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States put Nokia, SBC on the stand

States put Nokia, SBC on the stand

A list of preliminary witnesses that nine states and the District of Columbia plan to call to the stand in their continuing antitrust battle against Microsoft includes executives from two major telecommunication companies, a representative for the suing states confirmed Friday.

Representatives from SBC Communications and Nokia were added to a list of companies set to testify that includes Oracle and Sun Microsystems, said Bob Brammer, a spokesman for Iowa State Attorney General Tom Miller, who remains a leading opponent.

"They're on our witness list," he said.

Nokia's vice president of government and industry affairs, William B. Plummer, is scheduled to testify, as is SBC's Larry Pearson, a product design manager. Nokia is the world's No. 1 maker of mobile phones. SBC is one of the largest local phone carriers in the US.

Those named on the witness list also include Peter Ashkin, president of product strategy at America Online, Richard Green, vice president and general manager of Sun's Java group, Jim Barksdale, former head of Netscape and Matthew Szulik, chief executive officer at Red Hat.

US District Court Judge Colleen Kollar-Kotelly, who is heading up the remedy phase of the case, has scheduled hearings to decide what remedy to impose on the software maker. The judge could force the nine states and the District of Columbia to sign on to a settlement deal forged between Microsoft, the US Department of Justice (DOJ) and nine state attorneys general, or create a separate remedy based on testimony gathered from public comments and these hearings.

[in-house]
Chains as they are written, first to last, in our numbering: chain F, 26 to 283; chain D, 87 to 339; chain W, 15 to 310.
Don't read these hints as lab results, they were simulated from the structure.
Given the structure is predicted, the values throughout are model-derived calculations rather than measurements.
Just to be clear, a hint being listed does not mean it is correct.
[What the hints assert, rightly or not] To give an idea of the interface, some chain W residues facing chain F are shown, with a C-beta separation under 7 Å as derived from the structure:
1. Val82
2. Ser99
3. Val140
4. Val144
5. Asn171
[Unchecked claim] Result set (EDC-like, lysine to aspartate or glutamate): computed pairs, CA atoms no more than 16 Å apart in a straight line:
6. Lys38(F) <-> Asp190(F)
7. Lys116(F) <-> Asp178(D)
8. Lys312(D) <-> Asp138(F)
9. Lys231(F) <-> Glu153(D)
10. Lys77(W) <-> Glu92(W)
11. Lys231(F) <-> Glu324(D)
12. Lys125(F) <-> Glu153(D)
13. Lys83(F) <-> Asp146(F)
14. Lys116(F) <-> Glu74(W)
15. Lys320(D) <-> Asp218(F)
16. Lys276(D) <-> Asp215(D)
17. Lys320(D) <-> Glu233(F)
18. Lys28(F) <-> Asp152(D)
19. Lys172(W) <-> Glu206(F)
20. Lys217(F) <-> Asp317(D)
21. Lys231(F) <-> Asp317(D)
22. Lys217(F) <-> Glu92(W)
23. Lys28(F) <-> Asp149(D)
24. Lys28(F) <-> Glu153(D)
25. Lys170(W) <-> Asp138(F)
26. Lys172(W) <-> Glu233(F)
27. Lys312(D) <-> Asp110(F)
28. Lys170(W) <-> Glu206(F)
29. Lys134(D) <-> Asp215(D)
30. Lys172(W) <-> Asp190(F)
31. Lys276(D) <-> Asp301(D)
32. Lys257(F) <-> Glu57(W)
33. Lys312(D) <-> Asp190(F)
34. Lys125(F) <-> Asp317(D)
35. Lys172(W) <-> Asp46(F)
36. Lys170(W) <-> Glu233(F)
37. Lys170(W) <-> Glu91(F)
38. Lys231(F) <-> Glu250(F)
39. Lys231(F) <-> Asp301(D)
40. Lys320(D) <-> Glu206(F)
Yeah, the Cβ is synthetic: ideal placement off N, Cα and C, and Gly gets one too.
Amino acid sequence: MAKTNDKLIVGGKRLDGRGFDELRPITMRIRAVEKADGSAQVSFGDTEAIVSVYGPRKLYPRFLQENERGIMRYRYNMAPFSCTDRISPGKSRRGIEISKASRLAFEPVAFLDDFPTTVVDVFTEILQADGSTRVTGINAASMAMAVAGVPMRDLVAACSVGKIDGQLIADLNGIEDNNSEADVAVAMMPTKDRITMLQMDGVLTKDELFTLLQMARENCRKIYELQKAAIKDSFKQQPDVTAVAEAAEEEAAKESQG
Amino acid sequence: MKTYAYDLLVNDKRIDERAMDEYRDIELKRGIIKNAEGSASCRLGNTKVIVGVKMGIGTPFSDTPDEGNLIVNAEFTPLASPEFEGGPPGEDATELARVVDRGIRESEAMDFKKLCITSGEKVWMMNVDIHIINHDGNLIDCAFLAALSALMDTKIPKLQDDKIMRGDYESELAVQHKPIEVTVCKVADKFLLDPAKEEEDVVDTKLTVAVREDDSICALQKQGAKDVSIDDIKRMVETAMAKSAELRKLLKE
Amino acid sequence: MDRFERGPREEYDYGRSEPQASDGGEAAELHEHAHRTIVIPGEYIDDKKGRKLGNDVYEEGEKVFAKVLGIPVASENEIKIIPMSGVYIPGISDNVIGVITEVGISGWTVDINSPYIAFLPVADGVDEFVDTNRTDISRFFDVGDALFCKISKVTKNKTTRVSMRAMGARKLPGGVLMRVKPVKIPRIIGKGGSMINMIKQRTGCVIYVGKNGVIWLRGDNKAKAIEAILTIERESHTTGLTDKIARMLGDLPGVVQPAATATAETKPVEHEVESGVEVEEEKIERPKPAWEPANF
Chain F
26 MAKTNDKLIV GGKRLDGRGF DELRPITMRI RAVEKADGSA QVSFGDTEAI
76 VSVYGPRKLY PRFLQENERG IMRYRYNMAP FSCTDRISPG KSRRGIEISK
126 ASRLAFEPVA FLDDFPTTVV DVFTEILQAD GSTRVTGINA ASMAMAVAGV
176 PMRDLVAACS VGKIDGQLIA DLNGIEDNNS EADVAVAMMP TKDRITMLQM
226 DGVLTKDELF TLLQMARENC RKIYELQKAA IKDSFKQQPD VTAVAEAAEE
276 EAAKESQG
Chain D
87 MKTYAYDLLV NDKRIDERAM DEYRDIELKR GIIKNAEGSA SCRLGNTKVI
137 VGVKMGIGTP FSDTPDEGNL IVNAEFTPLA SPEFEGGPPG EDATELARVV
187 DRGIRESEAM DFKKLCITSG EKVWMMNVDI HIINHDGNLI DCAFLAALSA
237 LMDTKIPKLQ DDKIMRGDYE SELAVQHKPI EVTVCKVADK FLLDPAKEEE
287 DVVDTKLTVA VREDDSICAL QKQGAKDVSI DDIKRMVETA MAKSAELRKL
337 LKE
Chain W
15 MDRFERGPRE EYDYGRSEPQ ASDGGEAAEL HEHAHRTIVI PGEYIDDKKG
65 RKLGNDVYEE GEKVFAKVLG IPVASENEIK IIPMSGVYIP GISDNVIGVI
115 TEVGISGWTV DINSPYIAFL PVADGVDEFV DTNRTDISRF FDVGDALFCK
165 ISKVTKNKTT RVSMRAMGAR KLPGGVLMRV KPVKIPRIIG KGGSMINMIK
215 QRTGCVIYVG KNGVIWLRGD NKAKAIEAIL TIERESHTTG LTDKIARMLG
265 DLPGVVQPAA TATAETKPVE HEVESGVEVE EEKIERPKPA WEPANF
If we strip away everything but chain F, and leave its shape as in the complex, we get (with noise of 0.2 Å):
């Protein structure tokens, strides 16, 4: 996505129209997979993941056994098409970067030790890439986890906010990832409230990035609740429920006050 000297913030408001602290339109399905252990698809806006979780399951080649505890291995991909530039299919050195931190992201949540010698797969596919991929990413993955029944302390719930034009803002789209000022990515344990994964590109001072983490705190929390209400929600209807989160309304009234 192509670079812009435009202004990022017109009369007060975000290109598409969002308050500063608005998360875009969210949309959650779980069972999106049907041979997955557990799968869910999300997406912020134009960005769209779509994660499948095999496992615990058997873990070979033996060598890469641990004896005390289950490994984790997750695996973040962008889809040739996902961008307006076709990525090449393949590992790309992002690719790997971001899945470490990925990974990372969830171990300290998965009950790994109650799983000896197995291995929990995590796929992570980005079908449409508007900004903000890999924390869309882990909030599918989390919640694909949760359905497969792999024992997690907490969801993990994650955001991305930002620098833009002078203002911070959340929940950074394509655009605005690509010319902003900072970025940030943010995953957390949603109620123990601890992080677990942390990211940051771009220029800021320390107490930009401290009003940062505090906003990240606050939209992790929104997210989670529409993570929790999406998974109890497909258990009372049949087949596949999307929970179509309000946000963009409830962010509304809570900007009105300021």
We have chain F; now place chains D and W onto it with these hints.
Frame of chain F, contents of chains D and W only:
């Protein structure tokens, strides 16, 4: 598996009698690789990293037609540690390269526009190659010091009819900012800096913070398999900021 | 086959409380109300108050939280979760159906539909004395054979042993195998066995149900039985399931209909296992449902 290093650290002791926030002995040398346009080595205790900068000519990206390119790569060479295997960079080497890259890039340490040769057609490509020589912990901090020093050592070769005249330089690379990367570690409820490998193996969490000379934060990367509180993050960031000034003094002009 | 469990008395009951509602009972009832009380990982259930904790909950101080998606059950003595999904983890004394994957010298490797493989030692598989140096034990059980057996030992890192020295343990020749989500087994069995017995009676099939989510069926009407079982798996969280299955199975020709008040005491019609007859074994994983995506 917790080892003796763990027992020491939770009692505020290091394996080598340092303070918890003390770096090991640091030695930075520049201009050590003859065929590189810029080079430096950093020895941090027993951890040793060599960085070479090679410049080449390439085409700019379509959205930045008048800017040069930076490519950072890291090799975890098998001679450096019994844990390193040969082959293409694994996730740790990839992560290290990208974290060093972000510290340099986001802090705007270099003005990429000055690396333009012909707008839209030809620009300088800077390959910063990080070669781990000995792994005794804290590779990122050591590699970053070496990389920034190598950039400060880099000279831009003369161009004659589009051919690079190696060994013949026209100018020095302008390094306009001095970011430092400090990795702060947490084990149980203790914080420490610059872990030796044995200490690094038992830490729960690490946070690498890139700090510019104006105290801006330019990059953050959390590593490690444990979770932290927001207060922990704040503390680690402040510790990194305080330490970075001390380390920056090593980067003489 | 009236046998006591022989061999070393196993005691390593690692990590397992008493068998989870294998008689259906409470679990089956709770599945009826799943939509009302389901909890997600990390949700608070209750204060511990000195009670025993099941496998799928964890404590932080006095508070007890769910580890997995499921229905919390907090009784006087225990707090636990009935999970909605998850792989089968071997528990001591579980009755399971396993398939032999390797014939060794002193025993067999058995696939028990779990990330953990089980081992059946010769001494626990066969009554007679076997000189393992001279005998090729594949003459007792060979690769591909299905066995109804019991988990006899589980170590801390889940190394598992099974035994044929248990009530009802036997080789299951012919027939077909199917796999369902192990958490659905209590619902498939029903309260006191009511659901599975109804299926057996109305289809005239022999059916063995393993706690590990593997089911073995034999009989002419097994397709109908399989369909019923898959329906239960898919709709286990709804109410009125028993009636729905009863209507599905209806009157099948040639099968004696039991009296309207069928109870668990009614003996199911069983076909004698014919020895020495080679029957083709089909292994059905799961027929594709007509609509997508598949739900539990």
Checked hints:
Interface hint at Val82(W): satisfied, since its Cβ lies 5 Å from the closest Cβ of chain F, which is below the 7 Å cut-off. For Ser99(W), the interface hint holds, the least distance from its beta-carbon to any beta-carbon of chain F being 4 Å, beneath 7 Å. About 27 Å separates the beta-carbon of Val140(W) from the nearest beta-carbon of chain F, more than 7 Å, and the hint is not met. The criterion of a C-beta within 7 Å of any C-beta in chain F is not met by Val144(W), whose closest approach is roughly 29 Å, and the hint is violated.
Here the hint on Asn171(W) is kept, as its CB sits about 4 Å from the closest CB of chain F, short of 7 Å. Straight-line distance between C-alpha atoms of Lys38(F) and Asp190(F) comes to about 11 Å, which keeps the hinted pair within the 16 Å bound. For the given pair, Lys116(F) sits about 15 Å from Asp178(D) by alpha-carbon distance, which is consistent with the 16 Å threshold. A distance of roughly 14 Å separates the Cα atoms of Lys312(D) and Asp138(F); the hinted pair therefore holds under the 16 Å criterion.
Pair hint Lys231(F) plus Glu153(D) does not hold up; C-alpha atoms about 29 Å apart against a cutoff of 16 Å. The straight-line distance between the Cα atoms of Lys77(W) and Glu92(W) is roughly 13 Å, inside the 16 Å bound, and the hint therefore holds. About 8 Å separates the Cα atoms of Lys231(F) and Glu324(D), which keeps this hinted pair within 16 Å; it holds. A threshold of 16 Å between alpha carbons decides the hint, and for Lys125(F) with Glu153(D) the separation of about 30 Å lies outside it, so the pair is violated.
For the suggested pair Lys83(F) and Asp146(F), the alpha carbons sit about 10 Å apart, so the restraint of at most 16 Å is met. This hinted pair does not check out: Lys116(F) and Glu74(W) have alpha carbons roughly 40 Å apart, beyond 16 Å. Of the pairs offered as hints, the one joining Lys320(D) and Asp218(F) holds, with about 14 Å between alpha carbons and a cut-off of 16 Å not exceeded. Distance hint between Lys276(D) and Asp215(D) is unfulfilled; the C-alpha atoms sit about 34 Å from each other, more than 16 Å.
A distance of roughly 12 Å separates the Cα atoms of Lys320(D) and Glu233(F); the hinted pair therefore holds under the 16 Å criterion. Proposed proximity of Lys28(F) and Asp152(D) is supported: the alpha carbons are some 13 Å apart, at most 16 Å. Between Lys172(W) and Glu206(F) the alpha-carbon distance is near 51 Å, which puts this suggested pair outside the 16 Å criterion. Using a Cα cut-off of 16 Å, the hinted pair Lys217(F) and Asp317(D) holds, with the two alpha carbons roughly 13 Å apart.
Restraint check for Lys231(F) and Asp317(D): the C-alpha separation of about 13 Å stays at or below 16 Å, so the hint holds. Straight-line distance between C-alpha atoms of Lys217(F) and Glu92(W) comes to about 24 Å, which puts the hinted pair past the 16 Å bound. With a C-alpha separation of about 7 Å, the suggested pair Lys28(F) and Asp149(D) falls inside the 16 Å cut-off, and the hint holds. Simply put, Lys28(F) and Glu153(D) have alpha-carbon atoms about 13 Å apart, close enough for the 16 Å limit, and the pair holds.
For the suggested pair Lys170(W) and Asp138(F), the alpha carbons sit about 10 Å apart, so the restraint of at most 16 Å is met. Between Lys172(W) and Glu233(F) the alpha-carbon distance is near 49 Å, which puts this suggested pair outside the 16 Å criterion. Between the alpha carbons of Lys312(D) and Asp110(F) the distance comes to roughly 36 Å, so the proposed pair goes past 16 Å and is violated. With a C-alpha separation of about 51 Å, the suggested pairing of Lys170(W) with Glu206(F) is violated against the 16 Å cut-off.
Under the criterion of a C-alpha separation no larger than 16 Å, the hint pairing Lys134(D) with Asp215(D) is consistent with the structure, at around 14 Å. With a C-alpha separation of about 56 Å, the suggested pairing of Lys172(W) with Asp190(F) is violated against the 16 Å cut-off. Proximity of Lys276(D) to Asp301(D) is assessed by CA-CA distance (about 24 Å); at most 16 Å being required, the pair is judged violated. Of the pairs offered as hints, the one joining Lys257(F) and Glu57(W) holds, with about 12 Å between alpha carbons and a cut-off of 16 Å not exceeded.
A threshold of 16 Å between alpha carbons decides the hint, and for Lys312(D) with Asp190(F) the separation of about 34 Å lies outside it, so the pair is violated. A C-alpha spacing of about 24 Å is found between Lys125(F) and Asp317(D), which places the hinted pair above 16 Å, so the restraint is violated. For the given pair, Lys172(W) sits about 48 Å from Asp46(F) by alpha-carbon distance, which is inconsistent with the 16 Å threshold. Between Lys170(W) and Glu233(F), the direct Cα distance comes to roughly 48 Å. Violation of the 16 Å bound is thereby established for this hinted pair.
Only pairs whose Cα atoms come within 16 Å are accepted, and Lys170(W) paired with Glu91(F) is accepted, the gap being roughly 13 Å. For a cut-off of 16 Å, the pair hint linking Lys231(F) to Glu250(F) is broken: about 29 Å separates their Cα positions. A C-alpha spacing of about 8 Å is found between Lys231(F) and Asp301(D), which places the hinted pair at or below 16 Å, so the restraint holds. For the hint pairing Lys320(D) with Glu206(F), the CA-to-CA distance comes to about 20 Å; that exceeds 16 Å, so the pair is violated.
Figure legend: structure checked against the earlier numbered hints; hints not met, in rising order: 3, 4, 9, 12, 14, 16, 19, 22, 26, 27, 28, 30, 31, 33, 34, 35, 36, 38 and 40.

The nine hold-out states -- California, Massachusetts, Connecticut, Iowa, Florida, Kansas, Minnesota, West Virginia, and Utah, as well as the District of Columbia -- are set to head back to the courtroom in March.

Microsoft was unavailable for comment.

Last week, the suing states filed a proposed remedy with the court, which included restrictions against the software maker that go far beyond what Microsoft agreed to in the federal settlement proposal.

The states have asked the judge to force Microsoft to make its Windows operating system code available to third-party software makers, make its Internet Explorer Web browser an open source software product, and "auction off" its Office software to third party software makers to be developed for competing platforms such as Linux.

It would also require Microsoft to ship a version of its Windows operating system stripped of any applications or code tied to those applications, such as its media player and instant messaging software.

Wednesday, Microsoft fired back at the state's remedy proposal, calling it unworkable and punitive, and submitted its own proposal, which closely mirrored the settlement agreement with the DOJ and nine states. In that agreement Microsoft would have to loosen up its licensing deals with PC makers and agree not to retaliate against any of those manufacturers if they ship Windows PCs with rival software.

The states also said Friday that they have the opportunity to amend and add to the witness list until February 8, when a final version must be filed with the court.


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